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A London Peculiar
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Foundling Hospital set up 1739 to care for unwanted babies. One of its early governors was the artist William Hogarth. As a fundraiser he donated a handsome portrait painting and encouraged other artists to do the same. This led to the first public art gallery.
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No 10 Hyde Park used to be known as London's smallest house, just over a meter wide. It was originally built to block a small alley that gave grave-robbers access to the graveyard at St George's Fields. (It is now incorporated into the convent next door, so probably no longer qualifies.)
London puts Blue Plaques on buildings with famous history. So adjacent houses in Brook St have plaques - one for Jimi Hendrix, who lived at No 23 in 1968, and one for the composer Handel, who lived at No 25 from 1723 till his death in 1759.
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No 10 Downing St no longer available for selfies bc of security concerns, but a ver near fascimile at No 10 Adam St near the Strand.
Cholera epidemic Broad St 1854 stopped by Dr John Snow who first mapped the houses where people died, and then convinced authorities to take handle off the pump at Broad St (later found that a cesspit was leaking into the well). The only inhabitants of Broad St not affected were the monks of a local monastery. Snow surmised that they were drinking brewed beer rather than contaminated water. So probably fit that the pub across the road from the pump is named after him.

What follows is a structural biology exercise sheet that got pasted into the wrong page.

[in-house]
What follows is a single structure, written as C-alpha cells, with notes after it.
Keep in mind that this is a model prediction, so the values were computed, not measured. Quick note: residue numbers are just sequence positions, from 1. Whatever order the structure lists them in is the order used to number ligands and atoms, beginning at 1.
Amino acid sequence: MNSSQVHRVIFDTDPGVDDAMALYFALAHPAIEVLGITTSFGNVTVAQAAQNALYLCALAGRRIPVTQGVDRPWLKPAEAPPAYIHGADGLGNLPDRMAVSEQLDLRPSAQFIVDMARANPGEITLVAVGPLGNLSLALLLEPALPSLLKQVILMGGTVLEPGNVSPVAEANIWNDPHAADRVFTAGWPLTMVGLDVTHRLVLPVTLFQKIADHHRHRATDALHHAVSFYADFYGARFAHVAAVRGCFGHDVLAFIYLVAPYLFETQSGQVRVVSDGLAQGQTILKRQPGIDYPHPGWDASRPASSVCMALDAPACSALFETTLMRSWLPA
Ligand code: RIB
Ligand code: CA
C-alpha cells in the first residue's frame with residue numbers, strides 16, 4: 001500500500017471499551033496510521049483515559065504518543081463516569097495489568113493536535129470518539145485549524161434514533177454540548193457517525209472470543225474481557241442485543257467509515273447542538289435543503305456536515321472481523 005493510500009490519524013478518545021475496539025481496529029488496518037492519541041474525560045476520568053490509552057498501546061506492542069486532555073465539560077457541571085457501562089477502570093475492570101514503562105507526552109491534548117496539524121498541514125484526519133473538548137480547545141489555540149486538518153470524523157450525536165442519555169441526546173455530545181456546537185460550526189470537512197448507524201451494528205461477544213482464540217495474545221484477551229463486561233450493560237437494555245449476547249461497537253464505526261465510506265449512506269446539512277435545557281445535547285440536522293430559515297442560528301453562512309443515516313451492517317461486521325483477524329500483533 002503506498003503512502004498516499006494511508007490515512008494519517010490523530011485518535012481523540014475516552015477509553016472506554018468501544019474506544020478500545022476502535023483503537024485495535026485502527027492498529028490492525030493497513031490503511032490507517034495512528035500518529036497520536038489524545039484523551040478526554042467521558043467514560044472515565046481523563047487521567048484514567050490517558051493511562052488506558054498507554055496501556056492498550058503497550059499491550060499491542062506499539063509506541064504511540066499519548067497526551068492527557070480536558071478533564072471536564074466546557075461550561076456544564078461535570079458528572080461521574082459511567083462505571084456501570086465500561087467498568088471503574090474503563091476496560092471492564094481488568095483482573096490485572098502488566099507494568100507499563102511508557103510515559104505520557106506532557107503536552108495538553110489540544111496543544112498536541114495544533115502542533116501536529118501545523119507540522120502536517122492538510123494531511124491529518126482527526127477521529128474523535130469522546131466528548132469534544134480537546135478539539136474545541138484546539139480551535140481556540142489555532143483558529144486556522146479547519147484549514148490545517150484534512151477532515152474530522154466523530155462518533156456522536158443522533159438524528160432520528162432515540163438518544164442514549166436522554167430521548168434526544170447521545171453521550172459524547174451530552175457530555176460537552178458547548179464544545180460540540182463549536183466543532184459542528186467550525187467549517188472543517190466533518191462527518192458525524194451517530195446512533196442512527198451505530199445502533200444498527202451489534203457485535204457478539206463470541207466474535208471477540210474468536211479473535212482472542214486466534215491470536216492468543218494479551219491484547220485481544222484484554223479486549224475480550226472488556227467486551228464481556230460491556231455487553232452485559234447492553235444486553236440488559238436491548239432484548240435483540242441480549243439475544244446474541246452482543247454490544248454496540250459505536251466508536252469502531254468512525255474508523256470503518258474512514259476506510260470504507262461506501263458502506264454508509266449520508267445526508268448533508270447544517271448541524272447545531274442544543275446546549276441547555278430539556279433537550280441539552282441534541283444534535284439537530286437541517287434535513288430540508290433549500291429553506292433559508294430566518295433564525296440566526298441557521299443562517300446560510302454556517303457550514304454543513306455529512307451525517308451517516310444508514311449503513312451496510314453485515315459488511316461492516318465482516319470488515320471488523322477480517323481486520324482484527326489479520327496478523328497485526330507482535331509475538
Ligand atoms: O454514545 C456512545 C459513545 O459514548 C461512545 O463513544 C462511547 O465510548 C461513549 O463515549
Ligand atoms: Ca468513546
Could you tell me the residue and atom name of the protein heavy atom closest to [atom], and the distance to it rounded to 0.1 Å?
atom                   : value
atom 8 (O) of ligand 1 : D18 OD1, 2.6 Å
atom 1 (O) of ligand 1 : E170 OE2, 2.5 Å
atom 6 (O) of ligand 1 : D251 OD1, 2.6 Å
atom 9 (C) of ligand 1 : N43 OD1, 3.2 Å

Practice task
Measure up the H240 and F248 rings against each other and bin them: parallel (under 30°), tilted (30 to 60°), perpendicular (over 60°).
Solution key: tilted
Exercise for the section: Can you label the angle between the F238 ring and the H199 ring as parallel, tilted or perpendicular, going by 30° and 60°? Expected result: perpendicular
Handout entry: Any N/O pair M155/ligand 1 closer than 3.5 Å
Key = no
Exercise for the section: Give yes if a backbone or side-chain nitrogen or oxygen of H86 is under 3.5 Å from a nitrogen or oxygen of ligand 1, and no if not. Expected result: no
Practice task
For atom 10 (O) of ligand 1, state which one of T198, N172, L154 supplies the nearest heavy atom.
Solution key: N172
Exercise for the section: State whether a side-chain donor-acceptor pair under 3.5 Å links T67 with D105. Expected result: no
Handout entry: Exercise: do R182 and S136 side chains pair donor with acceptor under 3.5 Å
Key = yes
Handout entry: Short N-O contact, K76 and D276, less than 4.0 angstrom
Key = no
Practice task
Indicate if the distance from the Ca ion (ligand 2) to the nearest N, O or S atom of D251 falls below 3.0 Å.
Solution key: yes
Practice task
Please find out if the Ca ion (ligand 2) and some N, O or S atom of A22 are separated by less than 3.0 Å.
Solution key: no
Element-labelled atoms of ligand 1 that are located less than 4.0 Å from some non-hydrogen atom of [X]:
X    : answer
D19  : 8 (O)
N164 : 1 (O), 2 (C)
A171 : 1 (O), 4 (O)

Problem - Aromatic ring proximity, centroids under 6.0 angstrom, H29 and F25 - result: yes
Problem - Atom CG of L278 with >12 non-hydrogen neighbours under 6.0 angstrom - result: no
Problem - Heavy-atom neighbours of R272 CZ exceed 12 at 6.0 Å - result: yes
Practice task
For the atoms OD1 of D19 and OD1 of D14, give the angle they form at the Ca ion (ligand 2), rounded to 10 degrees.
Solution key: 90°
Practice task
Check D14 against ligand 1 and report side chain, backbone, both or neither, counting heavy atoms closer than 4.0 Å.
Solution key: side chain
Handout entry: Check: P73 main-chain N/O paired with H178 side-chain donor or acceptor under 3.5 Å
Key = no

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Set into both sides of the Thames Embankment are a series of bronze lion's heads, each clenching a giant ring in mouth. Obviously meant for mooring small boats, but also gave rise to a short ditty about flooding.
When the lions drink, London will sink
When it's up to their manes, we'll go down the drains
And when the water is sucked, rhen we're all .... in trouble.
The London Library has extremely generous loan conditions - borrowers don't need to return the book until another member requests it.
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On the south side of Trafalgar Square is a statue of King Charles I. This is the oficial center of London, and the spot from which all distances are measured.
If you stand on the east side of Trinity Square Gardens ( a small walkway on the roof of Tower Hill Station) you get a unique view of 3 structures built about 1000 years apart. On your left is a sction of the London Wall, its footings dating to 200 AD. Diretcly in front of you is the White Tower (part of the Tower of London), built by William the Conqueror in 1078. And to your right, across the river, you see the gleaming skyscraper The Shard, completed in 2013.
There is a bronze statue of George Washington outside the National Gallery in Trafalgar Square. After the War of Independence, he vowed he would never again set foot on British soil. So the statue sits on a small plot of earth from Virginia.
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